Isn't messed up to think that a large drink at Starbucks costs as much, or possibly more than an employee's hourly wage at Starbucks?

And on the note of "service sector" jobs - being friendly and helpful to people is made more difficult by the longer hours and lower wages. I've worked for a few call centers, and while I only worked 8 hour days, the number of calls was outrageous. Red queue all day.

Carmine, what you speak of goes beyond leadership in the workplace - it extends to the way we live our lives.

A few points during your post reminded my heavily of Orwell's 1984. We're worked so hard we don't have the time or energy to really get involved with our government - local or otherwise.

Fox (amazingly enough) released an article about members of Congress not having enough time to read bills before they're voted on.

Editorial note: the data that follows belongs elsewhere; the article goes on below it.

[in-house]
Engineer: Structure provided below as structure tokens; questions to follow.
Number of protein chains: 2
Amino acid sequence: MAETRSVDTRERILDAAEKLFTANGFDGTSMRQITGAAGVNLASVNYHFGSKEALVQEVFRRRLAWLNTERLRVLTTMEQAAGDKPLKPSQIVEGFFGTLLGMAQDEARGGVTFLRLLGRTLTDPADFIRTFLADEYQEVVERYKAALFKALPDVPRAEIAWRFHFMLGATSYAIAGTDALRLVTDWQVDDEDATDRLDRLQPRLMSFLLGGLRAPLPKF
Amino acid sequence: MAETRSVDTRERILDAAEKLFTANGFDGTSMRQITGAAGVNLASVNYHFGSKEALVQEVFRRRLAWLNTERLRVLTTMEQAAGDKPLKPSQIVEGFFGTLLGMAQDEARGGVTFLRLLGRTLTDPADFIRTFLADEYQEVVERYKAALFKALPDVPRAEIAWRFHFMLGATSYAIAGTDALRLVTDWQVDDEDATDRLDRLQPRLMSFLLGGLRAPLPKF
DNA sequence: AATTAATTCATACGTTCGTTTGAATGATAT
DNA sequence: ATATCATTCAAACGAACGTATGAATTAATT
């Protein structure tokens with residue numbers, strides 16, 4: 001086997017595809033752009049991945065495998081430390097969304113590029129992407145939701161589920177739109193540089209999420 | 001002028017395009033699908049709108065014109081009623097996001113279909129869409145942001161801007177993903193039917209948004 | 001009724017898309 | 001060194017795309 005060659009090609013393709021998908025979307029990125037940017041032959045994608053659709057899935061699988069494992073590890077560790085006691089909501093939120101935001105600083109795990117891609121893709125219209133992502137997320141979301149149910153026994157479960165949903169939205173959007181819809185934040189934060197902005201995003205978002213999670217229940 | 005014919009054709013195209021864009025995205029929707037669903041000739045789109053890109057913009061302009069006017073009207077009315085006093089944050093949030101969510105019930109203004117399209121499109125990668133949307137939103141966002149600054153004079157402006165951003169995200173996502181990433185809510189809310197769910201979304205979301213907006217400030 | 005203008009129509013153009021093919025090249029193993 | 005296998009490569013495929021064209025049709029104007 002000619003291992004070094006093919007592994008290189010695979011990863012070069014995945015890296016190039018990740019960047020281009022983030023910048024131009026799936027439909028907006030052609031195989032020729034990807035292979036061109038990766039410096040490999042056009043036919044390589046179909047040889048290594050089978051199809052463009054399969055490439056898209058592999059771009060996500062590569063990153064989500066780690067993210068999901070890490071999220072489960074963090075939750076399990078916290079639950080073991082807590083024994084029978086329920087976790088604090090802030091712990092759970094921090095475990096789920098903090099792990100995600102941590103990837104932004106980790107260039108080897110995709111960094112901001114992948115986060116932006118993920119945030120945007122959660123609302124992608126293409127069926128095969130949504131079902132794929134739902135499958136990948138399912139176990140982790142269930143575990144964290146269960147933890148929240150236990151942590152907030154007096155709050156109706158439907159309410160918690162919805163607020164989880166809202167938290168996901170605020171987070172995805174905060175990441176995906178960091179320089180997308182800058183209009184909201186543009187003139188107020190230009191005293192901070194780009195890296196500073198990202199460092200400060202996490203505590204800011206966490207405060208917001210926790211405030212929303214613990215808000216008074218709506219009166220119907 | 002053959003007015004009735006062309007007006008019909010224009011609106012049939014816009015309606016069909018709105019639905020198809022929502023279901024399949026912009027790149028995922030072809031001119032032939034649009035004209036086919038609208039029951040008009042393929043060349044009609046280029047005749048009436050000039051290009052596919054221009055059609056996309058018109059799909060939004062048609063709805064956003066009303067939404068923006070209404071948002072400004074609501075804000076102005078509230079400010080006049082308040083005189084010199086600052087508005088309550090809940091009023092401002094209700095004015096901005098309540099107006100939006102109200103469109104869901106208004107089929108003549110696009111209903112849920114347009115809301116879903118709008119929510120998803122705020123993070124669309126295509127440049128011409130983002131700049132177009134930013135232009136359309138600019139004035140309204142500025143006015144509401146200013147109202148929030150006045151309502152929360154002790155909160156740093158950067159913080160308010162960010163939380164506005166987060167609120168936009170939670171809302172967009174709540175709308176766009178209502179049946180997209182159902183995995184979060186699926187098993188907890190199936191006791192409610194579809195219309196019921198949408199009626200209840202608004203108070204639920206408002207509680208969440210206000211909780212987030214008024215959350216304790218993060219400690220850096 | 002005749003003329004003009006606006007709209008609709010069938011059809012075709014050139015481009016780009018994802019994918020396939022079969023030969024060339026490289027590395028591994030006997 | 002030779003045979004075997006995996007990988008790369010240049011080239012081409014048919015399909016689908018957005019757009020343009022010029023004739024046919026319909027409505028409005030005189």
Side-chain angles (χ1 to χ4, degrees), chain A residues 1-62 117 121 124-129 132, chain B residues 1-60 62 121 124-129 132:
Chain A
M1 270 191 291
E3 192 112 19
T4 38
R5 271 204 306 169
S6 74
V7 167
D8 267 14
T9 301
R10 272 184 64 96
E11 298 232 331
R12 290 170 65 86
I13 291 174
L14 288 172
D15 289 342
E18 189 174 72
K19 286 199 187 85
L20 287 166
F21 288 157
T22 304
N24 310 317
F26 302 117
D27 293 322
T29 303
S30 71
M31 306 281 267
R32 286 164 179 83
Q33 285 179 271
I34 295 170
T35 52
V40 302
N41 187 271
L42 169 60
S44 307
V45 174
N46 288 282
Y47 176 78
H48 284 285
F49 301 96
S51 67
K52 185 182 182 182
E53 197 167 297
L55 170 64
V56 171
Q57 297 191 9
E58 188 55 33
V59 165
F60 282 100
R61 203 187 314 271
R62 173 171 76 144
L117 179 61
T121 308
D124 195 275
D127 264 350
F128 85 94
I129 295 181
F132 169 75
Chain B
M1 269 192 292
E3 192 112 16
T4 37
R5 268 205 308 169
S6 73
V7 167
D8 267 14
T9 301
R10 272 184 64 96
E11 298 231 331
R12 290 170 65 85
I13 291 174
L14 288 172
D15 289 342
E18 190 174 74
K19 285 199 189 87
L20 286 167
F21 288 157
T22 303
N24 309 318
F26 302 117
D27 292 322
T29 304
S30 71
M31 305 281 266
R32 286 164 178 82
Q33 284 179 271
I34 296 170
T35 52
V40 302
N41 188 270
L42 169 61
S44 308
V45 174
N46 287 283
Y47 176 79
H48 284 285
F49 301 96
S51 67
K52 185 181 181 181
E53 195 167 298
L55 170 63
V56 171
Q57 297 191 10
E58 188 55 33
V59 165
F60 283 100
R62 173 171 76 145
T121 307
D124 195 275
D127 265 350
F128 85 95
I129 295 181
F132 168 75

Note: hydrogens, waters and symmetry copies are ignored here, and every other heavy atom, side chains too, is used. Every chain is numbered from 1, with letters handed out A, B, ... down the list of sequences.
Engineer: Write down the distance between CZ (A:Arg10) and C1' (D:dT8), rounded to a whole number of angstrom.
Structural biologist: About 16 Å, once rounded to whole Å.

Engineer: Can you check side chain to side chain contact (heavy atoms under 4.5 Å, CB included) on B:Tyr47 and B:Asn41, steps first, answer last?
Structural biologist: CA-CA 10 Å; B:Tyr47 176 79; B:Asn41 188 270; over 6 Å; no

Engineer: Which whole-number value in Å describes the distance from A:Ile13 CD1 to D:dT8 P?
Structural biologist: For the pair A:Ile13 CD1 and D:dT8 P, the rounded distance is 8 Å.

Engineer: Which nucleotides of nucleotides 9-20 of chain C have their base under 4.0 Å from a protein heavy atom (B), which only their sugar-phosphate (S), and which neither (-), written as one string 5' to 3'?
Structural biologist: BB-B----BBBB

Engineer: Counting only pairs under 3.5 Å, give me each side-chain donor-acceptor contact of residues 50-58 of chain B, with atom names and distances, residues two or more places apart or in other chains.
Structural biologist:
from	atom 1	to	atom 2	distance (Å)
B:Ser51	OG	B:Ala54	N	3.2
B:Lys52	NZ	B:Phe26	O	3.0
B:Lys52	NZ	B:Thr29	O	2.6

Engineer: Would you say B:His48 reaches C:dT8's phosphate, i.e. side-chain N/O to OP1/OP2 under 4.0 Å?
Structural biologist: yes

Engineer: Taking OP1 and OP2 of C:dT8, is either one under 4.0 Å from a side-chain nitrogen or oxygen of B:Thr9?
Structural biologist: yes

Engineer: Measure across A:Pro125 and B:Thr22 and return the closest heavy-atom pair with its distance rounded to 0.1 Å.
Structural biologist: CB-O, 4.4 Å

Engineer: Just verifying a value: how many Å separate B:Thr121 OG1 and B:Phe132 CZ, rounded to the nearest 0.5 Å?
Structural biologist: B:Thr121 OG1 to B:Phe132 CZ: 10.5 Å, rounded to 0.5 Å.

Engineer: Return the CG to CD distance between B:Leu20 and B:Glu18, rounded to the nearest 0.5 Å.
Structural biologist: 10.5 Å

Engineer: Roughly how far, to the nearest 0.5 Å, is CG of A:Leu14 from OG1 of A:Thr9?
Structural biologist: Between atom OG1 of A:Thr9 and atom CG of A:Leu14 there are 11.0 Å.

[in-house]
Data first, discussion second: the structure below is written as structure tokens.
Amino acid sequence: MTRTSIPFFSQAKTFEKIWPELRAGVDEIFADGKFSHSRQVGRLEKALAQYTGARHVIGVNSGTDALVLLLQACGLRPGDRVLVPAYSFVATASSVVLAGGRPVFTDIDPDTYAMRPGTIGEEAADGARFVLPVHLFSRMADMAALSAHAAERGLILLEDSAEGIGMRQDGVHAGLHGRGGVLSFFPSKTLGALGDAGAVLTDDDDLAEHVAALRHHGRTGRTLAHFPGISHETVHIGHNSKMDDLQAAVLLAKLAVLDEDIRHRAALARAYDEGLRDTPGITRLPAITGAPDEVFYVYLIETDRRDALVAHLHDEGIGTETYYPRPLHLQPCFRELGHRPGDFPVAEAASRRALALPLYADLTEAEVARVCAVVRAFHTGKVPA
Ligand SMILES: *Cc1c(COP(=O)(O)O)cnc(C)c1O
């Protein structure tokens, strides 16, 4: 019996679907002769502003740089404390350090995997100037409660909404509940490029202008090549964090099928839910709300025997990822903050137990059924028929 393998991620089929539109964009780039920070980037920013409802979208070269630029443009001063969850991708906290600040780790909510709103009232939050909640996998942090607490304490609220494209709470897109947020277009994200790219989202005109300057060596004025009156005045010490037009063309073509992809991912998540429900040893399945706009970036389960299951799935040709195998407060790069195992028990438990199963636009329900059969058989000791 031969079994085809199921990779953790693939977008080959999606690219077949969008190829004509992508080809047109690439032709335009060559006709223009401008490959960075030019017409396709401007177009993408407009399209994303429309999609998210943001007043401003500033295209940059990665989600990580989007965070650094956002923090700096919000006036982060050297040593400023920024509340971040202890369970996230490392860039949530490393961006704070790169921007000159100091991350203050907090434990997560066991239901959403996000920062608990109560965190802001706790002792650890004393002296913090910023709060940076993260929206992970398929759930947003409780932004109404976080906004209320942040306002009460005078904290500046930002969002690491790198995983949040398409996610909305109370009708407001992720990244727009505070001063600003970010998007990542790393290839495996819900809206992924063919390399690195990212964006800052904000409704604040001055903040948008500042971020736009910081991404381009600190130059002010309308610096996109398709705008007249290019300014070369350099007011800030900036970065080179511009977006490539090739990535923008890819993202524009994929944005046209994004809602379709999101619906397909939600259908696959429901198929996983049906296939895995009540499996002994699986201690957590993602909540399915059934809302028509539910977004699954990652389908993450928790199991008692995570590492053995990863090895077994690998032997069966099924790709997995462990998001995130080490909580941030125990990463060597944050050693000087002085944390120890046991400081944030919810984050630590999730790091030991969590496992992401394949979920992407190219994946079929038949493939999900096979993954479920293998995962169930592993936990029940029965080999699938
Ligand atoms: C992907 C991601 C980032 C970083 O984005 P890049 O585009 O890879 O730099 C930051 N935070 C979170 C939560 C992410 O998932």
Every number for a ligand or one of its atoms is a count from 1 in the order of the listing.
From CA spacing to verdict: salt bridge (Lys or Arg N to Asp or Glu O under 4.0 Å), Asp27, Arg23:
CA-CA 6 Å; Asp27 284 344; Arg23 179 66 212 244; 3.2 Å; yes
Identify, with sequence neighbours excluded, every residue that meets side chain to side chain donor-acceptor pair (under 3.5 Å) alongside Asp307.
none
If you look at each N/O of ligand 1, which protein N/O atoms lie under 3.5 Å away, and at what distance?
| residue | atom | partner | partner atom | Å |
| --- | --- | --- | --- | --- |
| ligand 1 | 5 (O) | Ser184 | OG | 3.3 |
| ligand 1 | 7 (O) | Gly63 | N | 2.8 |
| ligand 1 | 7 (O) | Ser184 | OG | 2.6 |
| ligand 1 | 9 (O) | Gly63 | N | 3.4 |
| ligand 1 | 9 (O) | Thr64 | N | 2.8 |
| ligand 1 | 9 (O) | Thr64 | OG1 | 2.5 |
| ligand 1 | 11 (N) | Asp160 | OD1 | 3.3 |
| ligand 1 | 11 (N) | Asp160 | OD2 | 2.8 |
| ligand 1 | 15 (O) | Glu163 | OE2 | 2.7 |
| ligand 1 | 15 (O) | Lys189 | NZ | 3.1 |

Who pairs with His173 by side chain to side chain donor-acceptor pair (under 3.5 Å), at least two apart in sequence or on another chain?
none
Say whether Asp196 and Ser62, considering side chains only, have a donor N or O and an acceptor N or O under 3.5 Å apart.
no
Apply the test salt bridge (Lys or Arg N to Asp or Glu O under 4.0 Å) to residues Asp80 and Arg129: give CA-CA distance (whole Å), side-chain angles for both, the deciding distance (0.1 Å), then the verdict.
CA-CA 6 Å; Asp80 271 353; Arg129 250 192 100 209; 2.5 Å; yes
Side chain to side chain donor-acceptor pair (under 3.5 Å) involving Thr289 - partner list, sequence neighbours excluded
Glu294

The Patriot Act was given to members just *3* days before it was to be voted on. PUH-LEASE!
You raise some inportant points, Rabbit, especially the Fox article about denying legislators enough time to read (let alone consider) the laws they're passing.

Why all the rush? I suspect it's little more than habit; plus a generous dose of laziness in the face of bloated (and often unintelligible) written documents. I guess we can blame all the lawyers for that.
Post a Comment

<< Home
Creative Commons License
This work is licensed under a Creative Commons Attribution-NonCommercial-NoDerivs 2.5 License.

This page is powered by Blogger. Isn't yours?